Monday, December 11, 2006

Method of evaluating and selecting stocks

This is in response to a question by Jojo on how I evaluate and select businesses. Since last November where I picked up Value Investing and made my first stock purchase, my method of evaluation and selection has evolved from the classic Benjamin Graham concept to an approach which is an improved and extended concept that originated from Benjamin Graham’s tree of thoughts which is to buy a dollar for 40 cents.
The classic Graham method advocates purchasing businesses 1) for 60% of current net asset value or working capital, 2) uninterrupted dividend payout record for 10 years or more, 3) Price to book value ratio of not more than 1.5 and so on. As the years went by, the bargain which met Graham standard got lesser and lesser. By and large, at the time, he was living in the 1930s, the situation was totally different. You could get a business that is worth less than the sellout value or working capital, close shop, fire all the workers and take home the capital. In today's world, it is simply not possible or at least they didn't.
However, having said that, his basic notion is very much applicable today or timeless. He had this concept of value to a private owner - what an enterprise would sell for if it is available and in many cases, it is calculable. As the years moved on, the disciples of Graham got wiser as those obvious bargains disappeared and they changed the calibration of measuring a bargain. Graham would be horrified at certain calibration of value investing especially those that involve paying 2, 3 or 4 times book value which he would never even consider touching. But there are still many who stick to the classic Benjamin Graham route - not that it is no longer safe or good to practice, but it will not give an above average return - it is like the man with the hammer, in Charlie Munger’s words, everything looks like a nail.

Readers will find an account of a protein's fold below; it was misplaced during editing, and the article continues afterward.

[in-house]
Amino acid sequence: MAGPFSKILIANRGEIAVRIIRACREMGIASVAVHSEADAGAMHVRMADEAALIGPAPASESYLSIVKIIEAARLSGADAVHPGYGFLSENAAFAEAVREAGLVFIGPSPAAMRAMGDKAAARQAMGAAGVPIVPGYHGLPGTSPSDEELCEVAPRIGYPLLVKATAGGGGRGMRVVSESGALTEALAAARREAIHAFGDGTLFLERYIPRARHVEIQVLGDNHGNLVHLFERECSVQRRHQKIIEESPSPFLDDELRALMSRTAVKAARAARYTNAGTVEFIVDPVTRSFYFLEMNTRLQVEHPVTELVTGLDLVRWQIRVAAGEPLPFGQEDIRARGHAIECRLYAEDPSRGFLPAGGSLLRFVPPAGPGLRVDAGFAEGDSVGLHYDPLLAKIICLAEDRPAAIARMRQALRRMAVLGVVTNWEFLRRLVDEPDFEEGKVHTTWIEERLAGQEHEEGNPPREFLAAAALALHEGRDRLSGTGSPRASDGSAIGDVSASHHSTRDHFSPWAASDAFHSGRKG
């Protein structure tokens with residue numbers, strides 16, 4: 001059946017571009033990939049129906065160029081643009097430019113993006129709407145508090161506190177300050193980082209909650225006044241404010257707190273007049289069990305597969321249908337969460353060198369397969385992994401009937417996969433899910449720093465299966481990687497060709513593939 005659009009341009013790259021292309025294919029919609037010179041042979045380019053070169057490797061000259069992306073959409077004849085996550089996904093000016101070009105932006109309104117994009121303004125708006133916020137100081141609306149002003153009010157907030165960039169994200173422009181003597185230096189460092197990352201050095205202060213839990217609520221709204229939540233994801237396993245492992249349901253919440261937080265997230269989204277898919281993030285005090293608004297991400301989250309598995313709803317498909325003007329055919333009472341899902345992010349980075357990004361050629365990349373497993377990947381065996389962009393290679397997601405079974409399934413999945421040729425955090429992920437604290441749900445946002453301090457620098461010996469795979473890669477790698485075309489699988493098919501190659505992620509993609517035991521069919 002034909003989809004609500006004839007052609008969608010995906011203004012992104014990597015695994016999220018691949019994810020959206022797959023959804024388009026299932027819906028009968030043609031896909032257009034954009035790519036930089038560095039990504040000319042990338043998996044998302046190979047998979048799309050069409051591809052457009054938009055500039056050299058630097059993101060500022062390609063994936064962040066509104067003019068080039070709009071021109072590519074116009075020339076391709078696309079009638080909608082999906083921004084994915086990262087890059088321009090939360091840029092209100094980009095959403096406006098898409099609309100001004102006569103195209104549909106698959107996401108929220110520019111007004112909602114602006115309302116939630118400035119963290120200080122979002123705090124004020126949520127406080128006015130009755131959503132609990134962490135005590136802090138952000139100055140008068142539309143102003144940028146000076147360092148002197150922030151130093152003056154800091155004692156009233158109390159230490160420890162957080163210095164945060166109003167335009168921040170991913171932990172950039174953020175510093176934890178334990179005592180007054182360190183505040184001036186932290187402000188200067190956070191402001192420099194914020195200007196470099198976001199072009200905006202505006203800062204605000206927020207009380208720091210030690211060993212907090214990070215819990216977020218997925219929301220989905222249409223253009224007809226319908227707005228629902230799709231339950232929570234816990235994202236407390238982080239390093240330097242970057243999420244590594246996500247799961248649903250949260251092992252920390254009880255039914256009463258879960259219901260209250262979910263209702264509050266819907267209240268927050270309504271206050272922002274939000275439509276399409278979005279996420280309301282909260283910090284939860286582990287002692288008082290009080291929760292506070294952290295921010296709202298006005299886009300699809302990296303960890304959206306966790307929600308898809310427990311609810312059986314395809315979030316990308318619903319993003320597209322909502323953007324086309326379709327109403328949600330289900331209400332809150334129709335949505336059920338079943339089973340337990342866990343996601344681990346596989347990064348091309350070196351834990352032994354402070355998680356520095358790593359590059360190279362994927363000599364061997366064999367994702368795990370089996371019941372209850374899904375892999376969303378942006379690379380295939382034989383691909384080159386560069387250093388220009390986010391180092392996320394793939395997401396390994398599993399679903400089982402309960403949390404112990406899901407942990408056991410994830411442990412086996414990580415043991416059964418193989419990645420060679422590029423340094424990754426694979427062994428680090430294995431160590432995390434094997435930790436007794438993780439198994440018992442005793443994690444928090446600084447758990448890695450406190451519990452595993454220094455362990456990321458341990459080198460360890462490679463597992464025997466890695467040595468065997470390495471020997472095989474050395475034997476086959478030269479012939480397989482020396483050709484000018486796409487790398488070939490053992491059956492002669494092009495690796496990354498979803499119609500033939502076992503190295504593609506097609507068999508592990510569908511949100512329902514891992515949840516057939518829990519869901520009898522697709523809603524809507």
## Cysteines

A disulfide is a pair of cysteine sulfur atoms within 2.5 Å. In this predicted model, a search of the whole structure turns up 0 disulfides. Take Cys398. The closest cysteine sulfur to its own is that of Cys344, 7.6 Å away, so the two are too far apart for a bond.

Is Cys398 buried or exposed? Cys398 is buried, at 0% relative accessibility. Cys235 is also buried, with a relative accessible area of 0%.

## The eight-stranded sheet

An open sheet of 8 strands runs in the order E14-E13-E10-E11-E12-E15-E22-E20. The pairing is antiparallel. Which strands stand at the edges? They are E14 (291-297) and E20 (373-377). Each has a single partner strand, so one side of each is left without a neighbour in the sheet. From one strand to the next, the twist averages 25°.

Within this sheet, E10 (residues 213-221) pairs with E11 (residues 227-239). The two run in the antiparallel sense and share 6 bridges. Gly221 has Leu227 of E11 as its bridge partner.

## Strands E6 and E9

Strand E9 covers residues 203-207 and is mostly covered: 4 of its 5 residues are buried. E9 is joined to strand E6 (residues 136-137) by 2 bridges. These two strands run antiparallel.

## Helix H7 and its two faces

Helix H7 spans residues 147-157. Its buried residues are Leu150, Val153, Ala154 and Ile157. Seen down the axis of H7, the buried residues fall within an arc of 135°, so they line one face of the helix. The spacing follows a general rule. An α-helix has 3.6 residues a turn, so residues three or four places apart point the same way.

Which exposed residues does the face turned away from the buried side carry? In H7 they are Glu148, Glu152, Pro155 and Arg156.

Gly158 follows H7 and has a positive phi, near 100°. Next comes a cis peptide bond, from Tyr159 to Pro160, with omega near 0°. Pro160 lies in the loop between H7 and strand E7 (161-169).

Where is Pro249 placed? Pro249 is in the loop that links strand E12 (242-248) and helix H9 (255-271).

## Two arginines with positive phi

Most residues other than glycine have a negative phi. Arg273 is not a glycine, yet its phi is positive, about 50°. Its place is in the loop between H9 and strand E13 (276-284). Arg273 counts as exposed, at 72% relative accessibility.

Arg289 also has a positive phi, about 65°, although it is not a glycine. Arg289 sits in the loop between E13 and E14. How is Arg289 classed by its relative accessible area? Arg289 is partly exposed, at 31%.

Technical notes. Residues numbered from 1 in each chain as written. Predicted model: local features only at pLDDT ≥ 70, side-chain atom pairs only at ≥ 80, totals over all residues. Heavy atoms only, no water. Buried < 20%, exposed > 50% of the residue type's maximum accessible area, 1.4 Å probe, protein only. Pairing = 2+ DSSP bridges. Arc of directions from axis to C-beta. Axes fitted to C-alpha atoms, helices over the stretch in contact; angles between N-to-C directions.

So, people started to look for bargain in a different way. People kept changing their definition so that they could keep doing what they'd always done. And it worked pretty well. So in effect, the basic Graham intellectual system is a very good and timeless one.
The best notion he crafted was "Mr. Market." To Graham, it was a blessing to do business with a manic depressive who gave him a series of options all the time. On some day, he wants to buy from Graham his stake at a very high price. On some other day, he will offer to sell to Graham at a price which is very low. To buy or to sell is all up to Graham where he has a choice or to totally ignore Mr. Market. And this is one of the most useful construct one can have for his entire investment lifetime.
However, to stick with the pure Graham method today, it is very tough to get an outsize return because Graham would not consider many things which are essential to getting an outsize return. To be fair to Graham, he is more of an academic where he wanted to construct an investment framework for people from all walks including the layman. So his ideas have to be easily understood and practiced by the ordinary people. Thus, he would not consider bringing in any idea that the layman would otherwise not understand or will be accessible to and that is exactly how he preached and practiced it.
So what are the things he did not bring to the table to enhance the chances of getting a better return? For example, he would not talk to management which he believes most ordinary shareholders do not have access to and secondly, he would not consider buying any business which is priced a couple times or more of book value even if the business has a superb underlying business economic model. And the most important extension to the classic Graham intellectual system is to first and foremost consider buying better business at a fair price even if it is a few times book value. In all cases, the notion of value investing is to find mispriced bet and gain more than what you pay for, and this may not be just limited to discount to book value, free cash flow and the old-school way of value investing.